DeKalb County Schools Planning Analyst: No redistricting recommended this year

DeKalb County School District Administration and Instructional Complex on Mountain Industrial Boulevard in Stone Mountain. Photo by Dean Hesse.

DeKalb County, GA — At the DeKalb County Board of Education meeting on January 10, Planning/GIS Analyst Hans Williams presented recommendations from the district’s Comprehensive Master Plan. The recommendations are mostly unchanged from those presented at public Q&A meetings and to Parental Advisory Committees.

There is public opposition to some proposals, including consolidation of Howell Mill and Hawthorne Elementaries and moving some students from the Dunwoody to the Chamblee cluster, voiced at board meetings in December and January. Williams pointed out that the specific actions recommended in the plan will be carried out individually and will require discussion and board approval.

Williams stated that no redistricting is recommended for Fall 2022, and district staff are still considering the implications of conversion to K-8 schools. Public engagement on redistricting and K-8 conversions will begin Fall 2022 to be implemented Fall 2023.

“There is a conversation about K-8 schools that the district needs to have,” added Williams.

To fund the projects, the CMP recommends adjusting eSPLOST V and drawing on the recently passed eSPLOST VI. Some projects will be closed out, some expanded, and some new projects will be added. Stoneview and Dresden Elementaries will be rebuilt rather than renovated, while Cary Reynolds will be combined with Dresden. Reserves and allocations previously set aside will be folded back into available funds. In total $48 million will be drawn from adjustments to eSPLOST V.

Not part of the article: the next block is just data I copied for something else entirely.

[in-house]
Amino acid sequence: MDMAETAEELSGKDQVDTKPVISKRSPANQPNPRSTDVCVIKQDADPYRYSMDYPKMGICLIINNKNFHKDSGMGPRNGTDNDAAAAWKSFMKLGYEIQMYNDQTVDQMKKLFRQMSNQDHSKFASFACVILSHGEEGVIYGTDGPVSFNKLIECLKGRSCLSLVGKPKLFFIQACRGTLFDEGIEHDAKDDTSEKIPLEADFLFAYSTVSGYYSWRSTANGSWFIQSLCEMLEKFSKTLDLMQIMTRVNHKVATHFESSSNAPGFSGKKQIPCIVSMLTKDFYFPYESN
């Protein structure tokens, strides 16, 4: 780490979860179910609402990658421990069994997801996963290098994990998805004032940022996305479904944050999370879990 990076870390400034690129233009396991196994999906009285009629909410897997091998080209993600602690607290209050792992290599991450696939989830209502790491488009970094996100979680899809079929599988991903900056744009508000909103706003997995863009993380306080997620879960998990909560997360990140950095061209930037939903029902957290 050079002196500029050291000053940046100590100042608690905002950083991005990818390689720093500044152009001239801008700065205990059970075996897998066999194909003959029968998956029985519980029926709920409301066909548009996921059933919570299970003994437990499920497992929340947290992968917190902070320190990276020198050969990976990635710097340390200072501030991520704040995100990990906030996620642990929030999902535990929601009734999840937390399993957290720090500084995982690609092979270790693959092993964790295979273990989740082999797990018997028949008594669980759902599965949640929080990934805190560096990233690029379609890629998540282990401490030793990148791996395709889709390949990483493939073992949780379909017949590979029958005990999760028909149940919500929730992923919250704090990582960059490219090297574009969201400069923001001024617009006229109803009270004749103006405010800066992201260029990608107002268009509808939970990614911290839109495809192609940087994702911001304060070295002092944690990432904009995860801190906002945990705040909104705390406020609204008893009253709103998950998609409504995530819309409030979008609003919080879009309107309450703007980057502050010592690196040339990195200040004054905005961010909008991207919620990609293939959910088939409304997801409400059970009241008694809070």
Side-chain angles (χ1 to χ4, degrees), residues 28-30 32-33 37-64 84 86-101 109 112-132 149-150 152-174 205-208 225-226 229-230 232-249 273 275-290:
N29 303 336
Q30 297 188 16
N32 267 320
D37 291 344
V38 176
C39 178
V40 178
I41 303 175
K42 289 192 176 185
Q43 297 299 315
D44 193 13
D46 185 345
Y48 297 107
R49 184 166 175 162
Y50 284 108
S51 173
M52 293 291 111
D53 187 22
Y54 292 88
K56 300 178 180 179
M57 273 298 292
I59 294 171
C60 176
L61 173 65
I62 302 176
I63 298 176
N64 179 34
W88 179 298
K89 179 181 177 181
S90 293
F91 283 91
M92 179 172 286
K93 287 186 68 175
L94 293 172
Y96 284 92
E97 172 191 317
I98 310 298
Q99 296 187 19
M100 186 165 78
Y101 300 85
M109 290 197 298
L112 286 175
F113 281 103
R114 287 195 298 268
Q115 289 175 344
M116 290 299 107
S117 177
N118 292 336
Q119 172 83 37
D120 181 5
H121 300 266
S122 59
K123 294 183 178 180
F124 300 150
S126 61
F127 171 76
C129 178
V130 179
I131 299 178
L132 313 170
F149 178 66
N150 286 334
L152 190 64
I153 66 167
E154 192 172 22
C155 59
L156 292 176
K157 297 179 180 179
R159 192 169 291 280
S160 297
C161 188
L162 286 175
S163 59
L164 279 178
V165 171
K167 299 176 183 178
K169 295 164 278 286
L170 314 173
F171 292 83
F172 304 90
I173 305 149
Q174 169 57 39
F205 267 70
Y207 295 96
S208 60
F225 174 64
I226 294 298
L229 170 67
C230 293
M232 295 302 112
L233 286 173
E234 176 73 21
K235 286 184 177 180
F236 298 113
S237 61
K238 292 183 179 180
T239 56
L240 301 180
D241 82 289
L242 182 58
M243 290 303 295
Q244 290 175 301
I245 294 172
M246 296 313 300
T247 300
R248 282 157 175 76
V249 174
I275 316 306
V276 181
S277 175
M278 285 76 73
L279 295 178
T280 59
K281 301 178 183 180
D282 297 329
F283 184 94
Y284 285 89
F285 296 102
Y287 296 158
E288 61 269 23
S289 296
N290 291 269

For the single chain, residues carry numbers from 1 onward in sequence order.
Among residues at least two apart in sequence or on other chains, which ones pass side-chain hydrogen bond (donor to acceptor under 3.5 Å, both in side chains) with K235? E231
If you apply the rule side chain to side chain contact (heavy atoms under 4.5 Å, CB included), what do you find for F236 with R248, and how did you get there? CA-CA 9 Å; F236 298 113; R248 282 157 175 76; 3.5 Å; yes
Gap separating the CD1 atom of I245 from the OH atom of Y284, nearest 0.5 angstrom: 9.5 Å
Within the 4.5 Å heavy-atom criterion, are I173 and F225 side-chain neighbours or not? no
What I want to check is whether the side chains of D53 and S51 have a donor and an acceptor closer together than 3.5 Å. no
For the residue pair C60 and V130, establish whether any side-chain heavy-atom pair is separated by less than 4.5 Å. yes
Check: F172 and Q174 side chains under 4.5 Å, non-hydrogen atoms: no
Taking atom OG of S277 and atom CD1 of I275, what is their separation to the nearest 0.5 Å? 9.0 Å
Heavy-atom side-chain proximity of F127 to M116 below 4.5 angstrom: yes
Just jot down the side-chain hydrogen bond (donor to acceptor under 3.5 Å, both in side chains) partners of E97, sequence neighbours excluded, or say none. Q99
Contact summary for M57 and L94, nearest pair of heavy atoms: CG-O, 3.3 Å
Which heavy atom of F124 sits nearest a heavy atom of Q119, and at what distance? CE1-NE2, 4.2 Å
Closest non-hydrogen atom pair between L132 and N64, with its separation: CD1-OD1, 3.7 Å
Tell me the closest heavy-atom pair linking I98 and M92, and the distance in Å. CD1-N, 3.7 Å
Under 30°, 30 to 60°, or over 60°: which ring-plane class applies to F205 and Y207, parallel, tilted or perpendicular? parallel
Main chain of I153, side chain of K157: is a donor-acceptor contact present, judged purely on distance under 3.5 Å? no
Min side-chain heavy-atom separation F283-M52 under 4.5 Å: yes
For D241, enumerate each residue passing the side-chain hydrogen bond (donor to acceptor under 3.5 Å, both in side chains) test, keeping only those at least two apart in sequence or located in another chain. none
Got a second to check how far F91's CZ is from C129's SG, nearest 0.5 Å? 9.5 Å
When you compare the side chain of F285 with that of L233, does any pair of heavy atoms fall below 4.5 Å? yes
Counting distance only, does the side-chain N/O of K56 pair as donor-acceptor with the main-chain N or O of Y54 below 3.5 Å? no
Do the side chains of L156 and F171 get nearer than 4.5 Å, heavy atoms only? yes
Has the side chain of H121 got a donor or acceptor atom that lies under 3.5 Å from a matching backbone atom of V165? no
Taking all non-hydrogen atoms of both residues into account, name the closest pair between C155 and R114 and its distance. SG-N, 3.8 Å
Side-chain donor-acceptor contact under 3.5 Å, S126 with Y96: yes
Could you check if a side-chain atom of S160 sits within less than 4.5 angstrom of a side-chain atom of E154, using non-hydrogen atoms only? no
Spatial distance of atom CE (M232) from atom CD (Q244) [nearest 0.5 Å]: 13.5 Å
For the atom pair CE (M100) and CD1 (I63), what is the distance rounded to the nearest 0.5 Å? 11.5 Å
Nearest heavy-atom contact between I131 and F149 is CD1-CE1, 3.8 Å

In addition, a combination of increased tax revenue, closing out projects from previous eSPLOST programs, and reimbursement from the state will make another $150 million available.

$15 million will be set aside for schools including Livsey, Hawthorne, Hightower, and Dunaire Elementaries among others, where future plans to replace or consolidate the schools are projected but immediate repairs are needed.

Board member Alyson Gevertz praised the responsiveness of many aspects of the plan, but stated that she did not believe that the amount set aside for repairs would be sufficient. Gevertz emphasized that the schools must be functional for the students who will be attending them in the next few years before projected replacements and renovations will occur.

Board member Anna Hill stated that the same language describing needed repairs at Hightower Elementary has persisted through SPLOST IV, V, and VI, and was repeated on last month’s status report. “This is unacceptable,” she added.

Williams acknowledged that work on Hawthorne had been delayed and stated that it was the last project left from SPLOST IV. He said that work had begun on Hawthorne. Superintendent Cheryl Watson-Harris stated that the district is creating a dashboard so that stakeholders can check on the progress of various projects.

Board member Marshall Orson suggested that the board consider taking on debt in order to complete projects more quickly.